The Turkish Film Festival 2015 hosted a fabulous opening gala on Friday 23rd as well as a variety of well recognized Turkish films such as Kelebegin Rüyasi (The Butterfly’s Dream), Unutursam Fisilda (What If I Forget), Sessiz (Silent), Sarki Söyleyen Kadinlar (Singing Women),Pek Yakinda(Coming Soon) and several others.
The weekend from January 23-25 was without a doubt a wonderful way of celebrating the Centenary of the Turkish Cinema.
VTFF not only introduced the best of the Turkish Cinema to Vancouver but it also brought together cineastes and cinephiles from both countries.
The VTFF initiated with an Opening Gala the night of Friday, January 23.
The Vancity Theater welcomed the guests with a reception cocktail at 7:00pm. Many people from all over Vancouver , including guests with different nationalities were part of the celebration.
While guests enjoyed their complementary drink and delicious oriental snacks, a live band performing turkish music gave life to the night.
The opening Gala also served as an opportunity for people to mingle and share their interest in cinematography.
The Opening Gala 2015 ended by the viewing of the film (Coming Soon), a piece directed by the famous Cem Yilmaz.
Pek Yakinda (COMING SOON)
In this installment Cem Yilmaz portraits a pirate DVD seller that is also an extra in movies (Zafer). After his wife divorces him, he decides to leave all illegal activities behind and directs his own movie in an attempt to win his family back.
The first installment by Kaan Mujdeci tells the story of an 11 year old boy who finds a very injured sheepdog named Sivas, after losing a brutal fight was left to die.
“Sivas” is the winner of the Venice Film Festival for the Special Jury Prize plus best actor Dogan Izci.
Kelebegin Rüyasi (THE BUTTLERFLY’S DREAM)
Set in a small turkish town, two eager young poets who earn their living publishing their poems. As they all in love with the same woman, their lives change drastically.
The director Yilmaz Erdogan claims that the events that occur in the movie are based on a true story. The composer, Rahman Altin, won multiple awards for his score in this film.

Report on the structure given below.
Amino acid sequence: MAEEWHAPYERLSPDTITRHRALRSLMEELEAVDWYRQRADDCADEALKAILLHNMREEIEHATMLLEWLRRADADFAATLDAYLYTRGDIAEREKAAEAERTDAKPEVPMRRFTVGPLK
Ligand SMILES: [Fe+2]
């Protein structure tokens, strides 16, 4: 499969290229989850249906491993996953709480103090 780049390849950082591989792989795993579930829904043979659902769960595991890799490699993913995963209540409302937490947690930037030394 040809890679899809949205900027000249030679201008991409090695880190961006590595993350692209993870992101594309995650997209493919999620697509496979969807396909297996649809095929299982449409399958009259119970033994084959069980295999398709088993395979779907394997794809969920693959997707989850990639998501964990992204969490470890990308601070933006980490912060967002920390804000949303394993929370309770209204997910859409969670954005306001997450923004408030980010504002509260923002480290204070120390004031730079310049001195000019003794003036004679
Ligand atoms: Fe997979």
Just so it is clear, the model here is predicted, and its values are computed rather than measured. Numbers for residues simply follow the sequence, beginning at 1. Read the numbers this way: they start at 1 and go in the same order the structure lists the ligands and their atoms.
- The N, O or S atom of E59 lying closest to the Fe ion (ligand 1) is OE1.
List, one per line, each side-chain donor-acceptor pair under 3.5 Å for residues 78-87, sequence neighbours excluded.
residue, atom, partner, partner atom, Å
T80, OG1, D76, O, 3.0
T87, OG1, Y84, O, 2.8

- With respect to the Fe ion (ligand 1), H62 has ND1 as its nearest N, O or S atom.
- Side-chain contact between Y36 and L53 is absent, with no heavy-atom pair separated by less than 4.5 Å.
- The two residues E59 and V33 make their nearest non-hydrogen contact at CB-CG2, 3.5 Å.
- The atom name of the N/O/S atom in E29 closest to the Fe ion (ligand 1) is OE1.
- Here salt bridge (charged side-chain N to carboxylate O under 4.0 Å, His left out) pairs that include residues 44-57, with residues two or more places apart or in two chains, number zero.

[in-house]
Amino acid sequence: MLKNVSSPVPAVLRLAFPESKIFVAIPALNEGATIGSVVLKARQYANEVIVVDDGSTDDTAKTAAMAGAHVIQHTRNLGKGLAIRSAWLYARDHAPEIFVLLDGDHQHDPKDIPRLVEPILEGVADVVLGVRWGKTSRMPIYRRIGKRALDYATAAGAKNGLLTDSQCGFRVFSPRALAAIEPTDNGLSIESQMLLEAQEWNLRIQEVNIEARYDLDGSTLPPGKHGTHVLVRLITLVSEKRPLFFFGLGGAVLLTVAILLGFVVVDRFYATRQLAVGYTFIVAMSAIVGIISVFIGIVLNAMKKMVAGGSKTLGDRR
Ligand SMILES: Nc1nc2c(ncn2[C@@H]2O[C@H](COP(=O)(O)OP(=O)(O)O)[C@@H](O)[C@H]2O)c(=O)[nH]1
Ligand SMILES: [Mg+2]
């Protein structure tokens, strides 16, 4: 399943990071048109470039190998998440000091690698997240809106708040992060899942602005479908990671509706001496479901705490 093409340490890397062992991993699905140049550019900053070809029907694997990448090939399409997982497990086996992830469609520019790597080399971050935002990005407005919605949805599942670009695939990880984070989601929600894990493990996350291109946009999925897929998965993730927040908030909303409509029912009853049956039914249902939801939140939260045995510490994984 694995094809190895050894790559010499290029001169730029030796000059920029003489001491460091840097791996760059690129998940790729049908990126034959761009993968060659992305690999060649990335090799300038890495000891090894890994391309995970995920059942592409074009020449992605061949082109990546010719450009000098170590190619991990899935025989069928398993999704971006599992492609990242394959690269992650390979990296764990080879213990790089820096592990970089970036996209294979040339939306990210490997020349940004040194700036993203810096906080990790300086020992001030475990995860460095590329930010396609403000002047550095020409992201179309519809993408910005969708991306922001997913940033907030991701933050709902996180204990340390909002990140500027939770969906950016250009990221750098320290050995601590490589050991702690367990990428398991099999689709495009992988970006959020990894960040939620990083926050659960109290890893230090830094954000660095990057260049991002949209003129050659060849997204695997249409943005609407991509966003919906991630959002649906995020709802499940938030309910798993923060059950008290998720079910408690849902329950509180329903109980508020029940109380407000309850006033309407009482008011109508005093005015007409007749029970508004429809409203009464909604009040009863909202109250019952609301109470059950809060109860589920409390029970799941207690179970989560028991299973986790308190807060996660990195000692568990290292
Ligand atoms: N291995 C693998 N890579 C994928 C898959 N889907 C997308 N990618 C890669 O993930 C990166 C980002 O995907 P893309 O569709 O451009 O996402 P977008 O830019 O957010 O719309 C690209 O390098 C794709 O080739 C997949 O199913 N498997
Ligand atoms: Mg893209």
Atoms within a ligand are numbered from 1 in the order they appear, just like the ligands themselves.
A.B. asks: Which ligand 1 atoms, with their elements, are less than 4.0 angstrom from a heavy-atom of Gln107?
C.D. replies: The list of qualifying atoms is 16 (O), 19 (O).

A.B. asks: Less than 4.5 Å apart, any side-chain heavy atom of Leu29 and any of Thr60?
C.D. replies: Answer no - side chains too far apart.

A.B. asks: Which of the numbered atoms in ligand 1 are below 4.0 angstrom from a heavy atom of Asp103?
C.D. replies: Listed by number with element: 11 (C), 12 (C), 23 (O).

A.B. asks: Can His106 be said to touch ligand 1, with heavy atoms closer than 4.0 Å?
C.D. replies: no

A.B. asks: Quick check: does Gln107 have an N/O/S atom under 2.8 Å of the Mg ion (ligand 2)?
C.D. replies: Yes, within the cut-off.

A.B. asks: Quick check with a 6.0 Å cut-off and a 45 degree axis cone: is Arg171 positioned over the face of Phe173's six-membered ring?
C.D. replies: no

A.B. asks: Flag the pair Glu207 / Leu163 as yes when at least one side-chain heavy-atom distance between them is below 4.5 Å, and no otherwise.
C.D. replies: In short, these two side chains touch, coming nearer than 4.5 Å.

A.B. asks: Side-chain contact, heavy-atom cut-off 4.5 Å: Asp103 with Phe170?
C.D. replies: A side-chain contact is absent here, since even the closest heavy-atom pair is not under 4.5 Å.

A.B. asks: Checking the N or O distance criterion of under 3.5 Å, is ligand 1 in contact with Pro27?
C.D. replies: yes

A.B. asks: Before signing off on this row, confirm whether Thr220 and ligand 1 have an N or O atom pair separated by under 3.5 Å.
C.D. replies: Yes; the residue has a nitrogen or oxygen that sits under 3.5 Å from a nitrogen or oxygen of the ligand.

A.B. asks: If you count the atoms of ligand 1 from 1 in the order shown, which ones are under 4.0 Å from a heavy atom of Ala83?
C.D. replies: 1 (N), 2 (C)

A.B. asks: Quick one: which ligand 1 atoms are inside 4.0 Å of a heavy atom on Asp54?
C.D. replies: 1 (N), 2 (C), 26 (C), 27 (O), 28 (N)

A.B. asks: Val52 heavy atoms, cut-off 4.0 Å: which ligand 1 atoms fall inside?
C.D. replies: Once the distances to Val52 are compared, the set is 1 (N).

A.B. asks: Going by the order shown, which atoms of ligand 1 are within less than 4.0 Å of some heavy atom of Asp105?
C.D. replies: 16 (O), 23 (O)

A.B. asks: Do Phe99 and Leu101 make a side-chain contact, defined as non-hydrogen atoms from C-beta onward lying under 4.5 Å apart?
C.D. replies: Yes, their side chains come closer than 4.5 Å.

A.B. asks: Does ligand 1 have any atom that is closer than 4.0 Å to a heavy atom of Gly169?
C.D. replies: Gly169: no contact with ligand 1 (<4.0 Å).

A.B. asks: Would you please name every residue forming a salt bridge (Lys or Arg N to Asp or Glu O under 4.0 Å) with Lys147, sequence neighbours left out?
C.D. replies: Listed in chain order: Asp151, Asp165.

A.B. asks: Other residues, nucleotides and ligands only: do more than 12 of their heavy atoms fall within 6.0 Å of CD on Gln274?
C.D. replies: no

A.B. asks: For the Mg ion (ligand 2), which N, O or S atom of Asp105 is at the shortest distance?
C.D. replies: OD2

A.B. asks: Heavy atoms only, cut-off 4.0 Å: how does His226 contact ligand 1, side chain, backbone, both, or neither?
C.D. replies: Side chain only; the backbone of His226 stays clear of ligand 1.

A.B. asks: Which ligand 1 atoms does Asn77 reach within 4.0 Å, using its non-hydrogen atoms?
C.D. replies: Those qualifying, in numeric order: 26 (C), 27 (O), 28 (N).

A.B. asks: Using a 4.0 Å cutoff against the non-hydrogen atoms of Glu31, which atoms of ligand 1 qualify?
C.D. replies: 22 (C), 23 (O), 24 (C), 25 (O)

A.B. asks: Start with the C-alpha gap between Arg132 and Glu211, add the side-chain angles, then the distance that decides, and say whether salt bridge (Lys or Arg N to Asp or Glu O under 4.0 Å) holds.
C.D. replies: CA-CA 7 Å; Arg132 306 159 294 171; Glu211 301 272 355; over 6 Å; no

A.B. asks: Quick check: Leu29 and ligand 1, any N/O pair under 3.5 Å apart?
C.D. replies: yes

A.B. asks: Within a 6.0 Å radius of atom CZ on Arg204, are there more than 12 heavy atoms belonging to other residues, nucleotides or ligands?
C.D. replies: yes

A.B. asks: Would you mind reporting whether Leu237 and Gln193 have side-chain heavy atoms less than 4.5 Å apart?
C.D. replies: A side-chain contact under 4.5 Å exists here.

Unutursam Fisilda (WHISPER IF I FORGET)
As an old pop singer is diagnosed with Alzheimer, she moves back to her home town, where she remembers the stairs of fame and fortune, while also dealing with her oñder sister who blames her for ruining her life.
Director Cagan Igrmak, known for (My Father And My Son), this time relates to a relationship between sisters and their intrigues in life. A very emotional piece, that takes the audience born in Turkey in the 70s back to their childhood.
VTFF wouldn’t have been possible without the Event Directors: Eylem Sönmez and Hakan Burcuoglu.
VivaVancity had the chance to ask the VTFF Director, Hakan B. a few questions.
Here is the complete interview:
VivaVancity: What is the purpose of the VTFF? Hakan: To bring the best of contemporary Turkish cinema to Vancouver by serving as an international platform to showcase the works of Turkish (and Turkish-Canadian) filmmakers, thereby promoting Turkish identity and culture. In addition – to commence the construction of artistic bridges between Turkey and Canada.
VivaVancity: What inspired you to produce it?
Hakan:2014 marked the 100th year in Turkish Cinema – also one of the most internationally successful and prolific years ever for Turkish film. With so many ethnic film festivals in Vancouver, we thought the time was right.
VivaVancity: Are there any plans for the next VTFF? Have you ever thought about showing films from new comer directors?Hakan: Of course we want VTFF to be of a perpetual nature – the idea is for it to be a staple of the yearly art calendar in Vancouver. One of out future aims is to showcase/feature the works of new coming independent filmmakers – in fact we’ve done this in our inaugural year – “Sivas” and “Mold” are both directorial debuts.
VivaVancity: Did the VTFF 2015 reach your expectations? Was it a success?
Hakan:It was a tremendous success – we operated VTFF at a 70% occupancy and had a total of 6 sell-outs out of 11 screenings. For a first-year ethnic film festival, it’s been huge!
VivaVancity: What are some of the challenges you encountered when producing the event and/or when carrying it out?Hakan:Marketing the festival was very difficult since we operated on a very tight budget – this is why we relied so much on word of mouth and social media. Obtaining some big name films also proved to be difficult since we don’t have a track record as an “established” festival.
VivaVancity: What was the response of non-turkish speaking people towards the VTFF?
Hakan: The response has been great all around. I don’t like to segregate an audience in evaluating responses – Turkish and non-Turkish shouldn’t matter – we have tried to design this event to cater to an international audience from all walks of life – and this is exactly the demographic that came out to see our films.
VivaVancity: How different was the Gala night from the other nights?
Hakan: The Gala night was a special evening with a cocktail, speeches and live music. We had “mini-events” before some screenings. For instance, we had a slam poetry performance before our documentary screenings, introductory speeches pertaining to the background of filmmakers prior to screenings and also a free soundtrack giveaway and closing speeches before our finale on Sunday evening.
VivaVancity: Last but not least, what’s an advice you could give Vancouverties from your experience doing VTFF?
Hakan: Support the art events going on in our community because there’s so much dedication and passion going into them!